3 2 . 1 5 for small children. People in wheelchairs will need require more space.
assistance from staff in normal libraries to reach the higher and
possibly the lower shelves. In libraries designed to cater partic- 6.02 Carrels
ularly for wheelchair users, only shelves between 400 and Where users will require more privacy they can be accommodated
1200 mm above the floor should be used. in:

Individual tables, 32.21

Dual reading tables with screens, 32.22
6 READERS FACILITIES Open carrels, 32.23; these can be placed within bookstack areas,
32.24, or
6.01 Tables
Most readers are expected to use communal tables, 32.16. The
Closed carrels, 32.25.

design parameters for these are given in 32.17. 6.03 Children

In reference libraries tables are commonly arranged in rows in For childrens use lower tables are used, 32.26. Round tables,
areas separate from the bulk of the books. 32.18 to 32.20 show 32.27 are commonly used.

1370 1480 1730 1930

32.17 Minimum clearances in reading areas

braries and information centres 32-7

shelf possibly fitted

1200 mm between tables
with lockable front

3350 600mm table

600 200mm

710 to 760mm 635 to 660mm

1200 mm (710mm recom- (660mm recom-

between tables mended) mended)

1000 700
32.18 Minima for single-sided tables for four people
32.23 Open carrel

1200mm between tables

shelving over 900600mm work table

3350 1200 mm table 900

900mm to face
of bookshelf

1800 mm 1200-2100mm aisle aisle aisle

between tables to face of bookshelf

32.19 Minima for eight-person reading tables 1500-


120 0 mm between tables main aisle

32.24 Arrangement for open carrels in bookshelf areas

2500 1200 mm tables

1200 600mm

180 0 mm
between tables 1700

32.20 Minima for six-person reading tables

600 600
32.25 Recommended single-person enclosed carrel

900 600mm
table 900
table length

32.21 Recommended minima for one-person reading tables

635 to 700mm

32.26 Reading table height for children

between tables

1500mm 600mm 1800mm

between between to main 1200mm diameter
tables tables aisle table

32.22 Minima for dual-reading tables 32.27 Round reading tables

32-8 Libraries and information centres

7 STORAGE FOR OTHER MEDIA twin cassettes are 109 70 34 mm. Both these formats are used
principally for music. Talking books are available in many public
7.01 CD-ROM storage
libraries for people with impaired vision among others. These,
A CD-ROM disk is often supplied in a jewel case. This is a
even when a single cassette, are often in double boxes 139 107
transparent plastic box 140 125 10 mm. When stored in these,
17 mm. All formats have their titles on spines designed to be
the disks take up substantial additional space. They may be more
visible when on the shelf with the longest dimension vertical.
economically kept in paper or plastic envelopes, and these can be
stored in drawers in cabinets. Those originally intended for the
7.07 Sheet music
now obsolete 5 -in floppy computer disk could be used for this
Sheet music can be bound into books placed on normal shelving.
purpose! An alternative form of storage is in pocketed albums
The standard size is A4, but older music is often found in a slightly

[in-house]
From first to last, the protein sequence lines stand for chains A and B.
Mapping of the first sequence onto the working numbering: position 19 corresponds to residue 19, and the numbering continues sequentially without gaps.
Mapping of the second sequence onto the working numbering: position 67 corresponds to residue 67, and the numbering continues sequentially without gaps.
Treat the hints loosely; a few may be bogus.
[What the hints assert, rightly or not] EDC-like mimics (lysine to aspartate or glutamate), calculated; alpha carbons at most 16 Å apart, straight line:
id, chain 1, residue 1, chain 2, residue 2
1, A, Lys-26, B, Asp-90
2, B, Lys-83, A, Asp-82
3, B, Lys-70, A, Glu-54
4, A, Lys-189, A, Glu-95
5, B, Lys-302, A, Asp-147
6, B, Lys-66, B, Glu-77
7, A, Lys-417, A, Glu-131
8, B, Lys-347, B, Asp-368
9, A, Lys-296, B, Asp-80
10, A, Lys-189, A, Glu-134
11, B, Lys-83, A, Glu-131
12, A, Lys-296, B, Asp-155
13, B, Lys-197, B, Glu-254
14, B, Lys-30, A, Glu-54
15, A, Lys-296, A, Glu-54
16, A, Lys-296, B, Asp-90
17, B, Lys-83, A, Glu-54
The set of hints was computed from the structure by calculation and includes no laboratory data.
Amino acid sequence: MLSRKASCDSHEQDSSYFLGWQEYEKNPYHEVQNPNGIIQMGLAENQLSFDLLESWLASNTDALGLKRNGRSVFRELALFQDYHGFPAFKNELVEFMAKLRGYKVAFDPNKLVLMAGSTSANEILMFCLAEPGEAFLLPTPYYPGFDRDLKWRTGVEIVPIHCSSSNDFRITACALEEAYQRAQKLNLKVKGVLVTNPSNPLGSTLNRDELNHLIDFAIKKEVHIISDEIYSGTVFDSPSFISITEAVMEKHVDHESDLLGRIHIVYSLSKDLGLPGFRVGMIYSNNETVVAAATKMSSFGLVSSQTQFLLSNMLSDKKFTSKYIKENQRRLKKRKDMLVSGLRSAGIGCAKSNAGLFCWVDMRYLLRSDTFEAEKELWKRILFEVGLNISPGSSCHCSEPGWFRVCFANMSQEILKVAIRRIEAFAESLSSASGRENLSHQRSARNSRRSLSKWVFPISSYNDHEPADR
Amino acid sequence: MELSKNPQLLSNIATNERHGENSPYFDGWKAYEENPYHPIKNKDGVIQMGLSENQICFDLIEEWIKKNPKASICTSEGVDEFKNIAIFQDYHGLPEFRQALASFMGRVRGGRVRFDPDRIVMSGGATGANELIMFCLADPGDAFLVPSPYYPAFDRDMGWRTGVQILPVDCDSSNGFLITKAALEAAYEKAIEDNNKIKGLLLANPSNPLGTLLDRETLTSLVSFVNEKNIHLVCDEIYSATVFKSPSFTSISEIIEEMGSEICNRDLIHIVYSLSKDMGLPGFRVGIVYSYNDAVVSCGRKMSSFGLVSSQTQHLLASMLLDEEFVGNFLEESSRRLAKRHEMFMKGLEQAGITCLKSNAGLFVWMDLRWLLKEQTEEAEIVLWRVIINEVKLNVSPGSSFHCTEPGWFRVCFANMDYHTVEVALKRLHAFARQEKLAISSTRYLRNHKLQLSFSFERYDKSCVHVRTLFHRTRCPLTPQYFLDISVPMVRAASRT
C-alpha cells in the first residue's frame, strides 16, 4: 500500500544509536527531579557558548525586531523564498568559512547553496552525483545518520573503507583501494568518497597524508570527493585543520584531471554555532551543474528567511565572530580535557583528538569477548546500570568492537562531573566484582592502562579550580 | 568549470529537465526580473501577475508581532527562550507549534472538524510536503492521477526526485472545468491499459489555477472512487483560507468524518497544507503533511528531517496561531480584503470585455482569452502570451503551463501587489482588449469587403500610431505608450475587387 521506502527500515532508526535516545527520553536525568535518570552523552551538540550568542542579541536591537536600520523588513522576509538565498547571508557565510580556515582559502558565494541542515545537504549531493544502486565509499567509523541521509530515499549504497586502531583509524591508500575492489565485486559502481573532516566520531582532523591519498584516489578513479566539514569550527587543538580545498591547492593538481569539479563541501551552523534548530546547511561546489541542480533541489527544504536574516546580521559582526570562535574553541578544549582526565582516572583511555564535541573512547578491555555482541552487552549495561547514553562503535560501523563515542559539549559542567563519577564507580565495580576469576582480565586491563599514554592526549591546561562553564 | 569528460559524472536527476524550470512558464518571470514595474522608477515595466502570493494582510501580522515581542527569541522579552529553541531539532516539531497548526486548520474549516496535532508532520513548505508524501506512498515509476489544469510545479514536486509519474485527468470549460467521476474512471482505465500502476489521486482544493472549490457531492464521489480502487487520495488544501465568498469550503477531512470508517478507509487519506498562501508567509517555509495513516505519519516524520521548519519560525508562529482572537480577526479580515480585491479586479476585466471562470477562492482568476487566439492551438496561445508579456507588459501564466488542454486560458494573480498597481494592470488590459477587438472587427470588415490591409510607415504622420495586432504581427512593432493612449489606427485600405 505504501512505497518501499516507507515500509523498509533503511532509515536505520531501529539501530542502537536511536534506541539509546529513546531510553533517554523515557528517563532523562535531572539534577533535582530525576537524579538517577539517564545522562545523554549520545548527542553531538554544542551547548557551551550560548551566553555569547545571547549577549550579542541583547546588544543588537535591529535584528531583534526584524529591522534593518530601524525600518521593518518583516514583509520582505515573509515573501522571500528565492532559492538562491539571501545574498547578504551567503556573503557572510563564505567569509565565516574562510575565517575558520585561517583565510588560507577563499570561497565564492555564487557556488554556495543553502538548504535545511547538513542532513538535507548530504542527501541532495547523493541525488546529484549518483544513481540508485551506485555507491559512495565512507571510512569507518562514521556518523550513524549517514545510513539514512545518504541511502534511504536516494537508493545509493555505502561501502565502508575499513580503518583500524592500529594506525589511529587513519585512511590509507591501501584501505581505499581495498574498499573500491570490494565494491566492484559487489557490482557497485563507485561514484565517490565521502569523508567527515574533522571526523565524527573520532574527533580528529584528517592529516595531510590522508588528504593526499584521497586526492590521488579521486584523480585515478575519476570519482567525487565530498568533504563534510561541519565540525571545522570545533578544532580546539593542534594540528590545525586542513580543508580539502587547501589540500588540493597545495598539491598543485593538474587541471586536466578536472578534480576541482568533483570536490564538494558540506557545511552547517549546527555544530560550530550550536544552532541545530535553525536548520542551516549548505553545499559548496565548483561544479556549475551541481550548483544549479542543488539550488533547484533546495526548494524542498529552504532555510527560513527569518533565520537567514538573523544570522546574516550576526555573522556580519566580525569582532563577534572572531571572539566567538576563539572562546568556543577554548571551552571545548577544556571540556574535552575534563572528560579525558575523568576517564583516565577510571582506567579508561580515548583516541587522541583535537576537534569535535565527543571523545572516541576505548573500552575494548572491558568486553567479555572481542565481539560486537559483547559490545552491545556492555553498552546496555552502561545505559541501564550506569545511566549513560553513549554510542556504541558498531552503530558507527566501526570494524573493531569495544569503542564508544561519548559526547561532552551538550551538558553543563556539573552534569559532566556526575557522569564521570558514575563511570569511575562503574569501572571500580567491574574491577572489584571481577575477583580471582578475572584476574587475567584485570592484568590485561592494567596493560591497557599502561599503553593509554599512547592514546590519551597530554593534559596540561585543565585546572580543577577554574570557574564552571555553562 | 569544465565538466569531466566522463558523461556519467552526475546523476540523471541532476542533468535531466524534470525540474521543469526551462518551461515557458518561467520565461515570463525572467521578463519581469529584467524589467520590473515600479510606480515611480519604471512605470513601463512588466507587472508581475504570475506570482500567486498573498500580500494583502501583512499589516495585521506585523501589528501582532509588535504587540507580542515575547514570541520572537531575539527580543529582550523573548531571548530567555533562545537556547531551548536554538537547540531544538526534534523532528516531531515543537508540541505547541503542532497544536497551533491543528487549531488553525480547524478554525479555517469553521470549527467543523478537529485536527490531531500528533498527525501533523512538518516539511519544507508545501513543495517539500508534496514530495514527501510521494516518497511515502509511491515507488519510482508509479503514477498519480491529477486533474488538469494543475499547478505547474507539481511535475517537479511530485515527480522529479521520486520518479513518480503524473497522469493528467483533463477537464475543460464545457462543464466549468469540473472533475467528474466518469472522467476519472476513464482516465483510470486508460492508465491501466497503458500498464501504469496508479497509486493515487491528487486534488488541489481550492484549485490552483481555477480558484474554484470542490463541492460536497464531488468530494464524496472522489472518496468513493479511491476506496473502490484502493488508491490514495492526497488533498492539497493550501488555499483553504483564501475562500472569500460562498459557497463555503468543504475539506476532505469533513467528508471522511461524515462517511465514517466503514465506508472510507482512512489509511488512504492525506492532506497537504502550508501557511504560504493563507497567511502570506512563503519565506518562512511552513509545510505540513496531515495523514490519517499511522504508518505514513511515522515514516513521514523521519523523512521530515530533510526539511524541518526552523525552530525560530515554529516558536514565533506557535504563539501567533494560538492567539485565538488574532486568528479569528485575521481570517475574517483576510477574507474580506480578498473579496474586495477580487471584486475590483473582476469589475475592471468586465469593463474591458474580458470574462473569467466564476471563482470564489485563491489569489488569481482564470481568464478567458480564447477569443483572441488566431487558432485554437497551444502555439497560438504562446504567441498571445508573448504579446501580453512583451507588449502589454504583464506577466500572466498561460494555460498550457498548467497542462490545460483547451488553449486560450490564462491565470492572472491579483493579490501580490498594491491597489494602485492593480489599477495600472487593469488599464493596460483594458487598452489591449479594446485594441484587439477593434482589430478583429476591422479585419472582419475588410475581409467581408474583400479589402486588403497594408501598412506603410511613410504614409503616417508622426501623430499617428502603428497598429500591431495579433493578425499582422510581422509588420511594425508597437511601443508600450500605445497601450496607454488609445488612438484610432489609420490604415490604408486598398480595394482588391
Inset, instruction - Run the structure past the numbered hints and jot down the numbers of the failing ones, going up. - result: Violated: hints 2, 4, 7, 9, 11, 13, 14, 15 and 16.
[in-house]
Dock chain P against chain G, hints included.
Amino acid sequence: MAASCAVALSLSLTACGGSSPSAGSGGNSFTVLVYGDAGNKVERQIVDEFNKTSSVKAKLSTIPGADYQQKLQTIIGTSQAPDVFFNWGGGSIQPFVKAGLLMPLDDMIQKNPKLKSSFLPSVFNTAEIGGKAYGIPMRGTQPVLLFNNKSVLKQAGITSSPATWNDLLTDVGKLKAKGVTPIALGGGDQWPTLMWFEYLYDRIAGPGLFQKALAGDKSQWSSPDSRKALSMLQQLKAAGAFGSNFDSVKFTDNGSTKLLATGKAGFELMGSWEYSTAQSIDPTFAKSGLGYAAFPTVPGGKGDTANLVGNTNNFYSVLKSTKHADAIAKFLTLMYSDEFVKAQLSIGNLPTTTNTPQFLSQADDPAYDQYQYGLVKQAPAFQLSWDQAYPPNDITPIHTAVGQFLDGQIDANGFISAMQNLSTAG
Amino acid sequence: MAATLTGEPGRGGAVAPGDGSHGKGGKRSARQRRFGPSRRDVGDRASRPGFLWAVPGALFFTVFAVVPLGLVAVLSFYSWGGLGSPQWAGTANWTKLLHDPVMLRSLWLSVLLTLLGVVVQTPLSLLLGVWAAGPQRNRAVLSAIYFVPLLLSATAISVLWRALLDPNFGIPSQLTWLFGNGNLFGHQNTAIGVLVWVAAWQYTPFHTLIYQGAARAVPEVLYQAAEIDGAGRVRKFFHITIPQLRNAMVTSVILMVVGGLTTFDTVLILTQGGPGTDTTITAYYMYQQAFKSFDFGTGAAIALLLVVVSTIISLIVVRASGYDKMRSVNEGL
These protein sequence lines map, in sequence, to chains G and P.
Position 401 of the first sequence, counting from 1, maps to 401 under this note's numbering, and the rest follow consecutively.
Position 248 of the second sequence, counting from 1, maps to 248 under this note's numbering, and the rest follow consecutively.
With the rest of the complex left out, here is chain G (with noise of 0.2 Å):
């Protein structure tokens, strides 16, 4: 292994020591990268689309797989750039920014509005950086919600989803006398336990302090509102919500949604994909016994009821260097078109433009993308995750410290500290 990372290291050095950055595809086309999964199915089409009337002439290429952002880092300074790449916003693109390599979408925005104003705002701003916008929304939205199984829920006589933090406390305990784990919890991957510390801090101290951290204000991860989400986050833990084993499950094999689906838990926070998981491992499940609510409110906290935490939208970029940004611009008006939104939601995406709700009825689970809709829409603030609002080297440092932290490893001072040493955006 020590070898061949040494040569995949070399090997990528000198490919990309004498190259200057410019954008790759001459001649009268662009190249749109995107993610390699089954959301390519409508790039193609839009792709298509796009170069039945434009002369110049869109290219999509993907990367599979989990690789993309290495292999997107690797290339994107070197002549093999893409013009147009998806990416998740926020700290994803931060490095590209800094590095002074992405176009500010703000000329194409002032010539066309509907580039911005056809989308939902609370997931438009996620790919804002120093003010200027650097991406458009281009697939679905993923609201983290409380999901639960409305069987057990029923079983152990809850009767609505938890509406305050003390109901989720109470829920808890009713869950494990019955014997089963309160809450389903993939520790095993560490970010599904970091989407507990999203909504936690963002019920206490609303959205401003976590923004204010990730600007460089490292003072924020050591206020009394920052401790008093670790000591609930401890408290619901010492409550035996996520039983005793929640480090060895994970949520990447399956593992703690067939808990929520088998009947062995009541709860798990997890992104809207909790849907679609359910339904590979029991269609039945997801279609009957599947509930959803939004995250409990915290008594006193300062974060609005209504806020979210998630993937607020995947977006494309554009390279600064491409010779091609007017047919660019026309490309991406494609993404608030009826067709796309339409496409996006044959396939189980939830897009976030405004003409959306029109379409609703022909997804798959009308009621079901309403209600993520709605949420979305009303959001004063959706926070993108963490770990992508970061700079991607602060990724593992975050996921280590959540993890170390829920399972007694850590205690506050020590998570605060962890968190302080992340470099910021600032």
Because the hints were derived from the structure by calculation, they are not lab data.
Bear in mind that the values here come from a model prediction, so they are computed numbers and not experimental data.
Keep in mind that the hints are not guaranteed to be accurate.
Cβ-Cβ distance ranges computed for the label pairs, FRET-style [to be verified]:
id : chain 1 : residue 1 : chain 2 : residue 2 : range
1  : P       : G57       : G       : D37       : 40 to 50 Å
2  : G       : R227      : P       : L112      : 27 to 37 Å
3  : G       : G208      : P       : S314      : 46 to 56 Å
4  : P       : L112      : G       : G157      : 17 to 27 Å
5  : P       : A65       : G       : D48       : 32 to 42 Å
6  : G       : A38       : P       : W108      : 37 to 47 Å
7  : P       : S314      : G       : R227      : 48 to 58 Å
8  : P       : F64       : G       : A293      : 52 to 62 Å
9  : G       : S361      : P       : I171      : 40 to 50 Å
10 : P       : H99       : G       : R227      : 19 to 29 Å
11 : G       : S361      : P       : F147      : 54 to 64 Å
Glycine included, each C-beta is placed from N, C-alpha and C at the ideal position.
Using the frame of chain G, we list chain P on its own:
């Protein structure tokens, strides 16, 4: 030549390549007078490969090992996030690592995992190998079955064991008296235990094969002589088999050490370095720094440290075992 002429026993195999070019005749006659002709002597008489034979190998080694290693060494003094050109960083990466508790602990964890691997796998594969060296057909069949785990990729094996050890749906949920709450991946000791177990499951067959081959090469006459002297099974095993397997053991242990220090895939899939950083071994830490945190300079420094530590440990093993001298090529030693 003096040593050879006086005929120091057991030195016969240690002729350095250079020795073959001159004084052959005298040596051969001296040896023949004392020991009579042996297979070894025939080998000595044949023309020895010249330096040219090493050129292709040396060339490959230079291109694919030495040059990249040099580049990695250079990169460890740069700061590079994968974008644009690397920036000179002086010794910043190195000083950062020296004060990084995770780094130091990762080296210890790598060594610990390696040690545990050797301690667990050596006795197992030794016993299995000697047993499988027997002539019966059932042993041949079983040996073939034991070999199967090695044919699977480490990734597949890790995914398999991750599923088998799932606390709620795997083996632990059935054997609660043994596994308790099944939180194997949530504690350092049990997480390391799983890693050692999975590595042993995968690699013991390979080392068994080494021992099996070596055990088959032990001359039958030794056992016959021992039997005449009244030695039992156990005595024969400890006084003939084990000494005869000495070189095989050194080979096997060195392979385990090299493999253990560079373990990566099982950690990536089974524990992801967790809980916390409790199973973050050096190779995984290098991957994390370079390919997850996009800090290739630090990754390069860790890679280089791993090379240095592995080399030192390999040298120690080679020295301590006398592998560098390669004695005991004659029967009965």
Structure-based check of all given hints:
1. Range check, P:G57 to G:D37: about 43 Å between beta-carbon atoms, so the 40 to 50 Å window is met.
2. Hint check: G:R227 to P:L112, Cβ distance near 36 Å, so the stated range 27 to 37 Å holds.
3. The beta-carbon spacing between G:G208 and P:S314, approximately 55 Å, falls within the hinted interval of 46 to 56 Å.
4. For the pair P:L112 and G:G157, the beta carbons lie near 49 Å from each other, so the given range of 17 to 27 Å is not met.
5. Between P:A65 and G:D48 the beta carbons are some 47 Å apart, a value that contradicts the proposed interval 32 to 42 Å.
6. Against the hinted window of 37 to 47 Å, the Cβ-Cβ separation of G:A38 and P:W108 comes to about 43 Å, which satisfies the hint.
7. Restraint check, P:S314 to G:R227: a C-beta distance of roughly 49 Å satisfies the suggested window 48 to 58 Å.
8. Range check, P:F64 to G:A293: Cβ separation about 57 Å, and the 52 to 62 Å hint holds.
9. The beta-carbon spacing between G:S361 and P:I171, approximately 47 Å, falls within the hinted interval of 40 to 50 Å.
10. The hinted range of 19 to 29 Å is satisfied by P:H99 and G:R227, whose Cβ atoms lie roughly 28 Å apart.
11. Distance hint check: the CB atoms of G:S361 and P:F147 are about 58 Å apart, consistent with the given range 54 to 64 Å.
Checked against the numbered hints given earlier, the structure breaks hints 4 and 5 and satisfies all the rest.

holding up to 48 disks in a space 320 160 45 mm. Such
larger format of 311 242 mm. The traditional method of storge
albums may be easily accommodated on standard bookshelves of
of single sheets and thin items is in shallow drawers with drop-
suitable depth and spacing.
down fronts, internal dimensions 393 300 73 mm.

7.02 Video cassette storage

Concerns have been expressed over the bulk storage of video
cassettes with a risk of spontaneous combustion. They are usually
kept in cabinets with shelves of shallow depth. 8.01 Shape

7.03 Other electronic media

In the smallest library a single control, 32.29, covers both issue
and return. A desk may be used, but a counter has the advantage
A limited number of 3 -in floppy disks may need to be kept, that it is at standing height and can have cupboards fitted. This
together with backup tapes of various types and sizes. None of this layout has the disadvantage that the inevitable crossing of traffic
material is likely to be required by library users, so its storage may routes can be troublesome at peak times.
conveniently be in or close to the network managers office. The layout in 32.30 offers more security control and fewer
traffic problems, but two members of staff are necessary at all
7.04 Microforms times to operate it.
Microforms are:

Microfilm stored in cabinets, 32.28. These cabinets will hold
reels of 35 mm film, or 125 reels of 16 mm film.
staff area

125 to 100 150 mm but the current ISO Standard specifies

Microfiche, previously in a number of sizes varying from 75

only 105 148 mm. However, storage for older sizes may also
be necessary. 2000

Micro-opaques, the usual sizes of which are 125 75,225

150 and 215 165 mm.


book book
area area

0 66
76 0
normal vertical cabinet height

32.29 Control counter for a small library, suffers from

congestion at busy times



books books

32.28 Storage cabinet for microfilms

7.05 Films
Cinema film tends to deteriorate unless kept in a controlled
environment, although the risk of spontaneous combustion that issue 1200
was associated with original film stock no longer applies. It is
unlikely that a general library would wish to store cinema film it
is now easily transferred to videotape which make its use much

7.06 Audio cassettes 32.30 Control arrangements for a slightly larger library: more
The predominant cassette format is still the compact cassette security and less congestion, but requires at least two staff at all
enclosed in a box that is 109 70 17 mm. Boxes containing times
Libraries and information centres 32-9



500 150

32.31 Most common type of control counter: can be operated by 32.34 Section through a control counter
one person during quiet periods

600 1500 600


in out



audio visual
32.35 Recommended minima for library staff
32.32 Variation of 32.31 for larger libraries can still be
operated by one person

overall height of 950 mm. Staff can then sit to receive books.